CEW Fall 2014 Newsletter
Dear Friends and Colleagues,

First, I would like to bring attention to an important matter. You might already be aware that the U.S. Census Bureau has proposed to eliminate the collection of data on the undergraduate field of degree from the annual American Community Survey (ACS). The ACS is an annual nationwide survey of 3 million households. The Center on Education and the Workforce has relied on the ACS for several research reports on unemployment rates and wages for various college majors.

The elimination of this data is part of a proposal to revise the ACS’s 72-question survey and reduce the time burden placed upon respondents. The move would eliminate the only information that students, parents, and educators can rely on to understand the economic benefits of individual college majors. The U.S. Census Bureau is accepting comments until December 30, 2014. We encourage you to submit comments to Jennifer Jessup in the Department of Commerce (
Second, it has been a few months since I joined the center in the capacity of State Initiative Director and I am pleased to have this opportunity to update you on our work. Prior to joining the center, I worked at CLASP (the Center For Law and Social Policy) as part of the postsecondary education and workforce team. While I was at CLASP, I focused on a number of issues, including the Workforce Innovation and Opportunity Act and development of the performance metrics and data requirements for the Alliance for Quality Career Pathways.

Having worked in different capacities at the intersection of education and employment, I look forward to expanding the center’s efforts to build a multi-state strategy. The goal of this State Initiative is to assist states in the development of information systems that will integrate education and workforce data to improve policies and programs. Business, non-profit and government sectors are increasingly using such data, and we are committed to strengthening and leveraging these efforts. 
Third, through this message and on behalf of the Center on Education and the Workforce, I would like to extend our warm wishes during the holiday season. Last year we saw tremendous growth as a center and we tie this success to your support. We thank you for your continued support and for sharing our work.
Yours sincerely,
Neil Ridley
Director of State Initiative 

Federal Reserve National Conference
Courageous Learning: The Documentary
CAPSEE Conference: The Value of Education
In partnership with the Federal Reserve, the Heldrich Center for Workforce Development at Rutgers University brought CEW Staff, Neil Ridley and other experts together on Oct 15-17 to share insight on improving workforce skills, job opportunities and creating development strategies that can be used nationally.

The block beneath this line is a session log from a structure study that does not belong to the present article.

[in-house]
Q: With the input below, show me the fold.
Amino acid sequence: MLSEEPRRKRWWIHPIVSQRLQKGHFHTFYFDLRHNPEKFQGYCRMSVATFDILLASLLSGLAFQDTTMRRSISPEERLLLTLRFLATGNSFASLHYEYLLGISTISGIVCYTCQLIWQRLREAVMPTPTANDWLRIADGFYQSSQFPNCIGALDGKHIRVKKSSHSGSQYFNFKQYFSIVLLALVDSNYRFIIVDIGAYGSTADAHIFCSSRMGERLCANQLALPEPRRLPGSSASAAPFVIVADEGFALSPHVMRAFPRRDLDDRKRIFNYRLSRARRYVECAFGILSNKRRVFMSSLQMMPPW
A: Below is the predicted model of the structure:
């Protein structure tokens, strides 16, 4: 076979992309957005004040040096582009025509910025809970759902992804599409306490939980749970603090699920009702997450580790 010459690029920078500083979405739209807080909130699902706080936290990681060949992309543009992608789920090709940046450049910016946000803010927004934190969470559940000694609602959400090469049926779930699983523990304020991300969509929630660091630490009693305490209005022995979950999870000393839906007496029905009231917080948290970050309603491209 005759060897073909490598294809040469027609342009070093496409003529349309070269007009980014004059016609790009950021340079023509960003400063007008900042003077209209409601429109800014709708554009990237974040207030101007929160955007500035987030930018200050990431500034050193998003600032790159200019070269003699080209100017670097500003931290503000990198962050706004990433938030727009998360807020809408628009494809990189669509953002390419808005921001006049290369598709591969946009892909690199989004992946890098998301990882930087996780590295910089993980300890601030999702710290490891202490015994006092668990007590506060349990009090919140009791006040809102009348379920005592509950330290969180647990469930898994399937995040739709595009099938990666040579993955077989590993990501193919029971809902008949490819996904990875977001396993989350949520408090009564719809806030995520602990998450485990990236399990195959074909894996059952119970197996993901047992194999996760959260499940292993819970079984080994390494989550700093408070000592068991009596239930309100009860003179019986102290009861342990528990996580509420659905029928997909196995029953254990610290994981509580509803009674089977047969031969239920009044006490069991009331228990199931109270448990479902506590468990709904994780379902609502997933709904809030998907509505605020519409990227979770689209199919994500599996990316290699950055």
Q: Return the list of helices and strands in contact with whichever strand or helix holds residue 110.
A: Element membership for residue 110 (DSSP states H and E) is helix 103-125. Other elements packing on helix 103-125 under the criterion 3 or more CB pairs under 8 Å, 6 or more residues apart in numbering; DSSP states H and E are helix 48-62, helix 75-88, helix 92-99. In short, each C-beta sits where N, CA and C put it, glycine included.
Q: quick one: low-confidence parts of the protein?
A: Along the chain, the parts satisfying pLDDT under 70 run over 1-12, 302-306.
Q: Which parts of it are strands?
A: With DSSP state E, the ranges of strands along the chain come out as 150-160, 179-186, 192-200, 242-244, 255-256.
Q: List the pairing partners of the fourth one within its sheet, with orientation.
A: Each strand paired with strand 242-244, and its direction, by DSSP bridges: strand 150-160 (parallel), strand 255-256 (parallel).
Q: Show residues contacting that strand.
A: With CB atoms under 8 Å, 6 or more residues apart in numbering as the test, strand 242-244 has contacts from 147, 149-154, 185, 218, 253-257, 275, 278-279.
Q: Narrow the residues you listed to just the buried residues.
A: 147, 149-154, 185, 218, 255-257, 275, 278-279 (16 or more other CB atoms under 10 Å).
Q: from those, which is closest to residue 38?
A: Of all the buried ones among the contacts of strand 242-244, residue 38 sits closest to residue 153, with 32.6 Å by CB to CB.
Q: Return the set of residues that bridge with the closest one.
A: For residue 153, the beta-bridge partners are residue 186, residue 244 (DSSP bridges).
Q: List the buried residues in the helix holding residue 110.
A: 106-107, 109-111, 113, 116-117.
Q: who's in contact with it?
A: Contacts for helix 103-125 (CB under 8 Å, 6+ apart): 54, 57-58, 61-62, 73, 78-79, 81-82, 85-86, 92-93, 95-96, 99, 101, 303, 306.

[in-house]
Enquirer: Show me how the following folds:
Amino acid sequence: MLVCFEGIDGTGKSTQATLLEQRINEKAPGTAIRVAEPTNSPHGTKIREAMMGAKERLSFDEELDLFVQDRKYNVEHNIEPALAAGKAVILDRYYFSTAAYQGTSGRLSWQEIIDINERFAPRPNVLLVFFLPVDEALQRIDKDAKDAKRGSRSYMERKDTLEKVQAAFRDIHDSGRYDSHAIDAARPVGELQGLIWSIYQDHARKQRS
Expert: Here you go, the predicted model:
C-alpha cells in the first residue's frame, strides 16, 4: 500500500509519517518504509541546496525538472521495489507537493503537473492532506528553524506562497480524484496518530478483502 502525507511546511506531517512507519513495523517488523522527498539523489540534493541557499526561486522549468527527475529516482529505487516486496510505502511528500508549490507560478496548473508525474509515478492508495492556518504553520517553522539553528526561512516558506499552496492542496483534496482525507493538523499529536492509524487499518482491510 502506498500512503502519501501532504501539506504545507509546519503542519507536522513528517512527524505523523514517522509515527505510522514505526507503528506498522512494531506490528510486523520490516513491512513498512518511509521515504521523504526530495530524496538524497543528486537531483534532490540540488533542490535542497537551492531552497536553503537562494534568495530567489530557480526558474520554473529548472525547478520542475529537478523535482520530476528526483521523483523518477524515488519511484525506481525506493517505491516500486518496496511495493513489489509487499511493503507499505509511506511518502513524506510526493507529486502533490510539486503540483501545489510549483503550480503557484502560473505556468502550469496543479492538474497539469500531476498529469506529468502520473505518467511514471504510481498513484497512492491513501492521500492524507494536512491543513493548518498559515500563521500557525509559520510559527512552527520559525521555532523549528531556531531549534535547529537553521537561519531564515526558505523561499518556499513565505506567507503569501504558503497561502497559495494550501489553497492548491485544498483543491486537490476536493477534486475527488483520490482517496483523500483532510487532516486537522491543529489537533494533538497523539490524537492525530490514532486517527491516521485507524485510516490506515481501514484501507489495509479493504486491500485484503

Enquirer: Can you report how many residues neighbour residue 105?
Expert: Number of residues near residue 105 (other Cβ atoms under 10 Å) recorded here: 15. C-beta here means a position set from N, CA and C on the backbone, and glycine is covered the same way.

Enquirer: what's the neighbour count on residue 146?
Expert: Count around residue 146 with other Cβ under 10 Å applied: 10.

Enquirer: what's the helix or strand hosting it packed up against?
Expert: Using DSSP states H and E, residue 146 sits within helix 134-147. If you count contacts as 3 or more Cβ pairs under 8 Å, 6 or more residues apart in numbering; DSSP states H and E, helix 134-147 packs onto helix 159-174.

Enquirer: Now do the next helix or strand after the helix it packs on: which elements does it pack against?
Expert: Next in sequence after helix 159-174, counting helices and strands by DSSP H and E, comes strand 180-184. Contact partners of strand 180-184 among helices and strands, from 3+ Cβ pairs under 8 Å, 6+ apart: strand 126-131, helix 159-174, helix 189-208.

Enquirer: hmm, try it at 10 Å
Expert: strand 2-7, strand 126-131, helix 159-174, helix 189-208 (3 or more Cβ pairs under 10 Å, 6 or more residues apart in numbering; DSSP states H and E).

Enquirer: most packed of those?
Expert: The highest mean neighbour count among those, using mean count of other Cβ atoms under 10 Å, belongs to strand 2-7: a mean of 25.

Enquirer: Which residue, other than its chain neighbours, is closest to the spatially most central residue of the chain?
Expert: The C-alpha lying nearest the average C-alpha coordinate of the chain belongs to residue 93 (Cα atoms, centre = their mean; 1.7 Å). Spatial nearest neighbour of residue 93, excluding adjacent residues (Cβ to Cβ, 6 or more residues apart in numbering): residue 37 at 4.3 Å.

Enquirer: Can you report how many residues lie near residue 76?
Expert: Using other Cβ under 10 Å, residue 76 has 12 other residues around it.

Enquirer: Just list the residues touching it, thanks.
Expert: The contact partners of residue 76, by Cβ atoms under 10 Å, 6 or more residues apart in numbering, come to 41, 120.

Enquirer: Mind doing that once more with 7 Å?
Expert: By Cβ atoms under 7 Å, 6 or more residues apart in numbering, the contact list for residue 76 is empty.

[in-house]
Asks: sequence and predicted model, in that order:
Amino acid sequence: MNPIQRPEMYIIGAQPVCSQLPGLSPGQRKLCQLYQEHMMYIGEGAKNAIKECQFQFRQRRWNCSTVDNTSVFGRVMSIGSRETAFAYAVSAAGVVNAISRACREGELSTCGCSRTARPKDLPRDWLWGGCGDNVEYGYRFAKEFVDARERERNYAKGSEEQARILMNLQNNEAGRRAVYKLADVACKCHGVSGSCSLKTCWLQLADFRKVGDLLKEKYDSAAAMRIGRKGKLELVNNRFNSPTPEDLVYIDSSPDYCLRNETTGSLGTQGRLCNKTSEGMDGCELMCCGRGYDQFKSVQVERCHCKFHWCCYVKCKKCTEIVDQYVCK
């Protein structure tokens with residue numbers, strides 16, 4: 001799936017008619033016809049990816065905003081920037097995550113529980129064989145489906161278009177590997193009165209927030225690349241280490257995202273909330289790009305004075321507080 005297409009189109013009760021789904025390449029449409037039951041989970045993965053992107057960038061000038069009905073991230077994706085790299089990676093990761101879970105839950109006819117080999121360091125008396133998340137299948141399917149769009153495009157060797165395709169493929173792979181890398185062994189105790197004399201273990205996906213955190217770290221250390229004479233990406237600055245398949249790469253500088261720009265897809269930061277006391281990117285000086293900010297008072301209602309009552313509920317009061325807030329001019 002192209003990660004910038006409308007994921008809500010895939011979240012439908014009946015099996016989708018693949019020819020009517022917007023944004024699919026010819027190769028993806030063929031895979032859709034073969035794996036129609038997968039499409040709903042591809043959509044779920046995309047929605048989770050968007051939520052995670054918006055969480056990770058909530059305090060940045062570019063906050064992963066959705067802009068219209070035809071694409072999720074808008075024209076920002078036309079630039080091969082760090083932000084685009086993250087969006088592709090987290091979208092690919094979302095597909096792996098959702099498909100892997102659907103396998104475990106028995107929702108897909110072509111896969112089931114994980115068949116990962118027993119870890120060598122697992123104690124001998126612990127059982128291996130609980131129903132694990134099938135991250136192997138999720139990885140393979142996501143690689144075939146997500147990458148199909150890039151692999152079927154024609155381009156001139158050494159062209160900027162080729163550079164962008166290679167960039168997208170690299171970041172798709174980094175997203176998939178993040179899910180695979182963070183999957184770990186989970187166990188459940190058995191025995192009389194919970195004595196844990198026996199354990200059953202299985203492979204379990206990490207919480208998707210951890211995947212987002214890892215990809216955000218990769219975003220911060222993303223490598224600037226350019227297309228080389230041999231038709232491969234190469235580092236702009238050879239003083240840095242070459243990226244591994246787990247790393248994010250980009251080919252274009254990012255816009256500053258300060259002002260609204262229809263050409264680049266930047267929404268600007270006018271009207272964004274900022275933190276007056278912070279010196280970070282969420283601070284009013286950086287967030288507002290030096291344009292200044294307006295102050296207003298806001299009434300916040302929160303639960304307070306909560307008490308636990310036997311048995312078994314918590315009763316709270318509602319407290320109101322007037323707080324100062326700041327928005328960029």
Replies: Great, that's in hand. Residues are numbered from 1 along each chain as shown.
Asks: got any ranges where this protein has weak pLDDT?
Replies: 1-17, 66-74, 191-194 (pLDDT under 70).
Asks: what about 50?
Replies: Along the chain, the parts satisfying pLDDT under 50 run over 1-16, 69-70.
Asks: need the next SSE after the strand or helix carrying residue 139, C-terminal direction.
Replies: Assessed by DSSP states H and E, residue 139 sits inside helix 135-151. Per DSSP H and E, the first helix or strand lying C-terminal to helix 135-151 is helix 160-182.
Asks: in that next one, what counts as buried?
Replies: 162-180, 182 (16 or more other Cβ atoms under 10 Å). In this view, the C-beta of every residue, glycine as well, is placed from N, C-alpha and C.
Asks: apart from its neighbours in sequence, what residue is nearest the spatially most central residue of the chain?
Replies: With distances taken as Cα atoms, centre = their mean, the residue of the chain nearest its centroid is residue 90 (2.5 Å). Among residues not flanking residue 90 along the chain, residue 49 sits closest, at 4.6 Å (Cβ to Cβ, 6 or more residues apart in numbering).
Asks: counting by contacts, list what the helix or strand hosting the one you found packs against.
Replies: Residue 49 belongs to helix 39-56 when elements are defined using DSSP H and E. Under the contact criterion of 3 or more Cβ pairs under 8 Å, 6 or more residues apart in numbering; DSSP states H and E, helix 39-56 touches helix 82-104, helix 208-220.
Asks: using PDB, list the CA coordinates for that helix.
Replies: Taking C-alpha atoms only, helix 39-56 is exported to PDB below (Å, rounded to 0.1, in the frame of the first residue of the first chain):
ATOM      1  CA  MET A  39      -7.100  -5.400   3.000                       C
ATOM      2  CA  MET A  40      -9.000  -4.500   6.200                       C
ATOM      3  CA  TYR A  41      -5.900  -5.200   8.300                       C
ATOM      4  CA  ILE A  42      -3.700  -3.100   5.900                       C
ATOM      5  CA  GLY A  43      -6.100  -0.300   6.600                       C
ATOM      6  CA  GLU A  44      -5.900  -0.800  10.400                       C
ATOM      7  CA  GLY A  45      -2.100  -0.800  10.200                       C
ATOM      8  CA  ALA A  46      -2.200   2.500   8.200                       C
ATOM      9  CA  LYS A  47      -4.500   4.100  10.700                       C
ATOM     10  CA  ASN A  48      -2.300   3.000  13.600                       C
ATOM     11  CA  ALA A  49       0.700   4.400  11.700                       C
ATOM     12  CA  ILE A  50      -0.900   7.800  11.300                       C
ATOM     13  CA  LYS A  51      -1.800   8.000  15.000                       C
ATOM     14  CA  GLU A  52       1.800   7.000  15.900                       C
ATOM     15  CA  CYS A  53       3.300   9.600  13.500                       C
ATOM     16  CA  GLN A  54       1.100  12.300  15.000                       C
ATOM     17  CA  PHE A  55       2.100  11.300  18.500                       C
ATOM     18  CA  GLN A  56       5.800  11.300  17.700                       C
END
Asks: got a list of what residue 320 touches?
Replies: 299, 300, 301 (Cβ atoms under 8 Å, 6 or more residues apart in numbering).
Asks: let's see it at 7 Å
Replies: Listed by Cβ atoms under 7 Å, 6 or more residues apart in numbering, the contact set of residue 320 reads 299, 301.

Grab a seat and enjoy Courageous Learning: the Documentary as it reveals how educational advancements centered on improving business models of colleges through flexible class options, ability to transfer credits, and lowering the cost of tuition can improve worker’s skills to meet employment opportunities of the future with guest appearance by Dr. Anthony Carnevale.  He also appeared as a guest speaker during the Congressional E-learning Caucus held a June movie screening at the U.S. Capitol Visitors Center. 
The Center for Analysis of Postsecondary Education and Employment (CAPSEE) held a conference highlighting the value of college. CEW Director, Anthony P. Carnevale and other scholars presented research on state-level labor market outcomes and financial aid programs. 
Bureau of Labor Statistics Women Anniversary
Transforming U.S. Workforce Development Policies for the 21st Century
A commissioned series of authors including Dr. Anthony P. Carnevale and Nicole Smith wrote for the United States Department of Labor’s 50th Anniversary of American Women  released earlier this year. Look for their chapter on page 25, Women, Jobs and Opportunity in the 21st Century.
A chapter from CEW Director, Anthony P. Carnevale and Senior Analyst, Andrew R. Hanson has been commissioned by The Federal Reserve Banks of Atlanta and Kansas City for a new book, Transforming U.S. Workforce Development Policies for the 21st Century. The chapter discusses satisfying a growing demand for skilled workers by connecting education and training programs to labor market outcomes. Stay tuned for the release of the book in 2015.
Hard Times to Better Times
Nursing: Supply And Demand
In this third installment of the Hard Times report, we show the differences in unemployment and earnings for college majors. 
This report analyzes the growing demand in the nursing field and the educational requirements necessary to qualify for positions in an unmet market.  
 Find out where well-paying jobs are that match your skills in USA Today’s Where the Jobs are: The New Blue Collar by Mary Jo. Dr. Carnevale gives his opinion on middle-skill jobs, requiring some post-secondary education but less than a Bachelor’s Degree. 
Explore the demand for college credentials with Inside Higher Ed. In this opinion piece experts provide insight on the reshaping workforce.
Do you know which degree will give you the best entry-level opportunities? Check out CNN’s 6 Things You Need to Know About STEM. 
We are happy to share Dr. Carnevale’s quote of the Day as featured in the New York Times: “Think of it [schools that offer short-term courses in software coding] as a place where technology outruns education.”
Learn 5 Steps To Calculating Your College R.O.I. on Forbes. The article highlights reasons why college pays off and Andrew Hanson, senior analyst shares how to calculate living cost for out-of-state students.